The real interest of Estragon is the dishes you won’t get anywhere else. Take the tongue on toast ($6). No, really, try it: The tongue is cooked from scratch, sliced thin, and buried in a slightly hot mojo verde—what the menu calls a "Canary Island salsa"—with avocado, bell peppers, garlic, and lots of parsley and sherry vinegar. You won’t know it’s tongue, just something soft and, yes, palatable. Nor will you know that the golden mini disks painted with a creamy mayonnaise are actually cod cheeks with pil pil ($6), not mayo at all but a sauce of the fish’s natural gelatin emulsified with olive oil. You’ll just think they’re what snack-sized fish fillets ought to be. Veal sweetbreads ($12) might be a tougher sell, because they’re undisguised, though pretty: one foie gras–like slab, dusted in flour and expertly sautéed so it’s soft and fresh-tasting in the center, its natural sweetness accented by "toasted milk sauce," a slightly caramelized, pudding-thick concoction dancing a delicate balance between sweet and savory, and accented by wedges of grilled orange. This is sophisticated cooking, incorporating techniques we haven’t seen before.
Not up for anything quite that exotic? Leave the offal to the gastronauts and stick with the classic tapas—or the superior "feisty" fries ($8), with a sweet and hot paprika dipping sauce, notable for good frying technique using plenty of the olive oil the kitchen employs in everything. That’s a benefit of the traditional emphasis; a drawback is the salting, heavy even by Madrid standards and especially pronounced in plain fish dishes, such as the grilled whole bronzino ($26) and the cod fillet with chili oil ($26). That latter unremarkable offering at least has something most main courses—in fact most dishes—at Estragon don’t have: vegetables, in this case slices of zucchini. Shoestring fries are a more typical side. For greens or vegetables, you need to order one of the salads or the roasted eggplant ($6), which is awfully good but oily, too, and covered with little chunks of chorizo and pine nuts.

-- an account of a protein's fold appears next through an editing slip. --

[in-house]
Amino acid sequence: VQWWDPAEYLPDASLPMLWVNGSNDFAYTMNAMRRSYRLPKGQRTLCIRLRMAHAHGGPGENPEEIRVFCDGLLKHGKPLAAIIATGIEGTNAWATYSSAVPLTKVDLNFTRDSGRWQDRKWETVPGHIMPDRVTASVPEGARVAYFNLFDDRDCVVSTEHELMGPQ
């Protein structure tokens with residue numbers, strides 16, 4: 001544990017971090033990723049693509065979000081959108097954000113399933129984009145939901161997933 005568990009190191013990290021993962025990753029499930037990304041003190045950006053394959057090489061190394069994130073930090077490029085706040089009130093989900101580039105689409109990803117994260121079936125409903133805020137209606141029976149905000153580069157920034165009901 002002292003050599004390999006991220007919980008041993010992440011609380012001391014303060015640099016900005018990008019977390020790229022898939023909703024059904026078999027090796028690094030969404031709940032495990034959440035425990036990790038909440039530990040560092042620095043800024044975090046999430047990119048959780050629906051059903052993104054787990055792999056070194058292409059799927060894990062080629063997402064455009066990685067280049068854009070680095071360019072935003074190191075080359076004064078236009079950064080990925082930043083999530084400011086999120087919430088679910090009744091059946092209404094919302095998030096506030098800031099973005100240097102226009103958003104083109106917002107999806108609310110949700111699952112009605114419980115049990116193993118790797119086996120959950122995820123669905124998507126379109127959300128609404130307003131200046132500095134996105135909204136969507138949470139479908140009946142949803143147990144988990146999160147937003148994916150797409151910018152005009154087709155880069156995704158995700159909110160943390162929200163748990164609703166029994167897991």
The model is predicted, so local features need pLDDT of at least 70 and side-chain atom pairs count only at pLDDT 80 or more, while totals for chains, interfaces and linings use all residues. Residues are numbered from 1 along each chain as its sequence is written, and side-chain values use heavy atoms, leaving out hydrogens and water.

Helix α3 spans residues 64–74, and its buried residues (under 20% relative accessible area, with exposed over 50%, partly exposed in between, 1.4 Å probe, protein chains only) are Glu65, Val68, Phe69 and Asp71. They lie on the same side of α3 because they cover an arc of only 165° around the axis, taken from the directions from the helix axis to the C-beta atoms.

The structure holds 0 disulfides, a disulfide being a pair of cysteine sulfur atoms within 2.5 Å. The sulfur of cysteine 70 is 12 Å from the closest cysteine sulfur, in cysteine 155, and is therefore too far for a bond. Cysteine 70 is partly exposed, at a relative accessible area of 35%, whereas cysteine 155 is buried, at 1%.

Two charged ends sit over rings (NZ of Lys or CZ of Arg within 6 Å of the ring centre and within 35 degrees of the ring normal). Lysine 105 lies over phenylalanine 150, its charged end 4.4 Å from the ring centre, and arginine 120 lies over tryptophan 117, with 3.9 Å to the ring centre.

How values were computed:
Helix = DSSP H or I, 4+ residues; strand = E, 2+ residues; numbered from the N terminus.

You won’t have room for dessert, but the three offered are all worth ordering: flan ($6), of course, served room-temperature as a low, wide disk with enough runny caramel to make a light soup; an odd and slightly tough but interesting chickpea-flour pound cake ($8), served with classic natilla (custard) sauce and grilled peaches; and three custom ice creams from Toscanini’s ($7), developed at Estragon’s request. Two of the ice creams, nougat and salty caramel (the third is sherry), deserve to always have a place on the menu.
Okay, I’d like less noise and less salt. But both of those are pretty Spanish. So are the friendly service and lively street scene that help Estragon bring brassy, vivid urban life to a part of the city that didn’t even know it needed it.